If properly embedded in the organisation, models should be sufficiently flexible and easy to use? as part of management’s day-to-day decision making, rather than wheeled out on an annual basis, says Spencer.
“For example, an insurer may want to improve the balance of its? portfolio to ‘de-risk’ it and thus optimise?return on capital. A good capital model can help identify those parts of a portfolio that are having a disproportionate effect on capital requirements. And by non-renewing them, those requirements can be reduced considerably.”
There is a growing appreciation that overdependence on any kind of model is not a good thing. There are too many examples – in insurance and beyond – of where models failed to predict unforeseen concentrations of risk. “Many people feel there is too slavish a dependence on the output of models. It should be remembered they are just a tool to assist decision making and are only as good as the assumptions and quality of data that’s gone in. There are bound to be weaknesses,” Spencer says.
“9/11 is cited as the classic example of the insurance industry being taken by surprise,” he adds. “And that was a lot to do with the aggregation of risk from different lines of business that would previously have been viewed as uncorrelated.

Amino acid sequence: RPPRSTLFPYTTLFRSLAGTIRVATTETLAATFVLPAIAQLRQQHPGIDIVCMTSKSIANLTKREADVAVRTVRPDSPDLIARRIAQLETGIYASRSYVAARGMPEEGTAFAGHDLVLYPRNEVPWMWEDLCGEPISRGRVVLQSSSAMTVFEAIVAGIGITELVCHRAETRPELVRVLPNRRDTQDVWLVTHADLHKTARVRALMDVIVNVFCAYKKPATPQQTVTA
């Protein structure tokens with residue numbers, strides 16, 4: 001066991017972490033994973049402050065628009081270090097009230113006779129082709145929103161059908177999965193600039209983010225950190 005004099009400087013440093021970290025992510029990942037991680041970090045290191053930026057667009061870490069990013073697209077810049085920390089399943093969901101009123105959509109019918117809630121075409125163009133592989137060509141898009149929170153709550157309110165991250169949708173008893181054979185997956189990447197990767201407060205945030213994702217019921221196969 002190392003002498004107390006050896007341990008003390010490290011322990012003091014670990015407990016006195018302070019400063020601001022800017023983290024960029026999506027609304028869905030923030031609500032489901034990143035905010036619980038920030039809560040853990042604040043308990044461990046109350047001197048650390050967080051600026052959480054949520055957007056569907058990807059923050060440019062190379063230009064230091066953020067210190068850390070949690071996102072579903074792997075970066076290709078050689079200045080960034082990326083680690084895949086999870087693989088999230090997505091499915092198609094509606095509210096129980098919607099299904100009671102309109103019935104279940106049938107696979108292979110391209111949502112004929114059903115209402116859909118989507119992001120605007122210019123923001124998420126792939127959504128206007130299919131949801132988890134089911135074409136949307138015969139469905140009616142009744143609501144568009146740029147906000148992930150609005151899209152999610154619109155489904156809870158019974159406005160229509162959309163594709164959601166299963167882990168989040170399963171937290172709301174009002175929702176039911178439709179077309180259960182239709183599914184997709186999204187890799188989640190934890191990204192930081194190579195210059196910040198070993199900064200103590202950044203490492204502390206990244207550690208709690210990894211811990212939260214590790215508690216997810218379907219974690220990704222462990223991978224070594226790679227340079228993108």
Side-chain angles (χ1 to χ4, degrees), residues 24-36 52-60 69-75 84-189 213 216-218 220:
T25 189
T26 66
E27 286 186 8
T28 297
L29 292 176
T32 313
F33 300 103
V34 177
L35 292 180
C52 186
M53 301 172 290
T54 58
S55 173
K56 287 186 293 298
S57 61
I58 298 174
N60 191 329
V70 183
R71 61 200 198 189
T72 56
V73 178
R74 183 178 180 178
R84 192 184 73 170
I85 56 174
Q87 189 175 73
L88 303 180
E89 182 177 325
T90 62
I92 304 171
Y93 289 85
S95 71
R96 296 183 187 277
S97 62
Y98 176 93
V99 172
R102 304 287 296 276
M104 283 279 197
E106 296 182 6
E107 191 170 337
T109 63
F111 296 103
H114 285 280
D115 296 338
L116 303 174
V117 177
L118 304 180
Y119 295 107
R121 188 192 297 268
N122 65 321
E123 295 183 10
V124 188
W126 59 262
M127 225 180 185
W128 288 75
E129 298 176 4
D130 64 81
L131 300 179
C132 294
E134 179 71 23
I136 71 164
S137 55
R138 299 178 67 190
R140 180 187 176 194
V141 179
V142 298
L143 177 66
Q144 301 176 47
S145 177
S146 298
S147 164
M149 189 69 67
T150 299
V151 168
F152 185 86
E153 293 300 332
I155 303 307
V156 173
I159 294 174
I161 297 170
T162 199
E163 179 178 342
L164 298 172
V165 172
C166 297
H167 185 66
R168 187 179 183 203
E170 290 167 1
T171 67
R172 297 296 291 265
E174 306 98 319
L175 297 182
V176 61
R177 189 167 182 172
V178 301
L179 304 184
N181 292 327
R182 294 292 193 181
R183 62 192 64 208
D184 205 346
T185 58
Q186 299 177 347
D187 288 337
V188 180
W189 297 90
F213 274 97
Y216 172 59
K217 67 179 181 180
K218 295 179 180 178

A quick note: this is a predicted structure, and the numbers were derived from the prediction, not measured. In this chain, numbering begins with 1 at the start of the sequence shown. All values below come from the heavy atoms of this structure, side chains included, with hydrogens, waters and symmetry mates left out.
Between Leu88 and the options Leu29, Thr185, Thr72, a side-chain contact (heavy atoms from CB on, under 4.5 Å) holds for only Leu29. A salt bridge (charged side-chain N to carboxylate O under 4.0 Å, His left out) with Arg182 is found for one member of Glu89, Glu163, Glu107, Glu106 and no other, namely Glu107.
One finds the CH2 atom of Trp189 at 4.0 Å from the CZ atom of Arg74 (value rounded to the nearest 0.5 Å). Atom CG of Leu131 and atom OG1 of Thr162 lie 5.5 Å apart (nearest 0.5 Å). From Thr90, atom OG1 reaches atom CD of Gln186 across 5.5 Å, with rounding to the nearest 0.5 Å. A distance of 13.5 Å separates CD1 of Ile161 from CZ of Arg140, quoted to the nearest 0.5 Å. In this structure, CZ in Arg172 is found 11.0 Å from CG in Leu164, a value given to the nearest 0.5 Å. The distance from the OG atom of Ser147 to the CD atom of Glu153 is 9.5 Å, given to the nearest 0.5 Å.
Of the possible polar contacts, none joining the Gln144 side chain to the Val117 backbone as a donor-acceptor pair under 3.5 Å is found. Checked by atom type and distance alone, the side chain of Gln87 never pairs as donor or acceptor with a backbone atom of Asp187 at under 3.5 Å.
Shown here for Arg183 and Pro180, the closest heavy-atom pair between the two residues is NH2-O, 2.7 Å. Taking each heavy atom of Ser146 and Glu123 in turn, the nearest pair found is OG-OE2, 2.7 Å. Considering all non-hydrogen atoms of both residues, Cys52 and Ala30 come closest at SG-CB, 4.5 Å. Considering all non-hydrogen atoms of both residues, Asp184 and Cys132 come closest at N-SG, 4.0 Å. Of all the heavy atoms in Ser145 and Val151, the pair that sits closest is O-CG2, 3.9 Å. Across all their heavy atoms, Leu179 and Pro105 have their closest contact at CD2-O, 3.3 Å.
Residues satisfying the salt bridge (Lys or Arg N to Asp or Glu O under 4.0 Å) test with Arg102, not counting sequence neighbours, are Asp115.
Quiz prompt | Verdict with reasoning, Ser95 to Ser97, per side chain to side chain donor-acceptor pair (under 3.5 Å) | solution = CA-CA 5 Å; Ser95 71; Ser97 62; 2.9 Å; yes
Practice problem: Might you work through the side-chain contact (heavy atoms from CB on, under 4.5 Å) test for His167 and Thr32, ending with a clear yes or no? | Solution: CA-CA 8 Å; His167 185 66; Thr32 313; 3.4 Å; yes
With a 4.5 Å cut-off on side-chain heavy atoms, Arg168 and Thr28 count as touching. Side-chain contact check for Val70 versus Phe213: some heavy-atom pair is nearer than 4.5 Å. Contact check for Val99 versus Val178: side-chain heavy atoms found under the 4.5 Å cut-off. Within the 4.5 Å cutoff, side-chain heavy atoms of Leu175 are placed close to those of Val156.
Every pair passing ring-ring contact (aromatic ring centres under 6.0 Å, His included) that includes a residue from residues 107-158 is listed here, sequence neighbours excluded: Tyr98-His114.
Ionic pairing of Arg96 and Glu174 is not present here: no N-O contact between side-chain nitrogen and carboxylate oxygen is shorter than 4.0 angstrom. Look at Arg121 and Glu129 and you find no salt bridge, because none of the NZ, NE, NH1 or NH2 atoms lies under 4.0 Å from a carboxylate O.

“I remember the surprise at just how much fine art was housed in the twin towers – that was a major event for the fine art market. A lot of work has since been done by risk-modelling organisations?to try to measure those aggregations more accurately.”
The financial crisis is another example of where models – in this case value-at-risk models – were unable to adequately reflect extreme-tail risk. While there is less systemic risk in the insurance industry than in banking, reinsurers should continue to try to account for the unexpected in their modelling. Events such as the financial crisis or 9/11 tear up the rule book when it comes to uncorrelated risk.
“With the financial crisis, there was a major shutdown in parts of the global economy. Companies were struggling to sell assets that they thought would never decrease in value and it was hard for companies to raise additional capital,” Eason says. “It was almost like a perfect storm. People have started to realise these worst-case scenarios are more than just scenarios, they can actually happen.” GR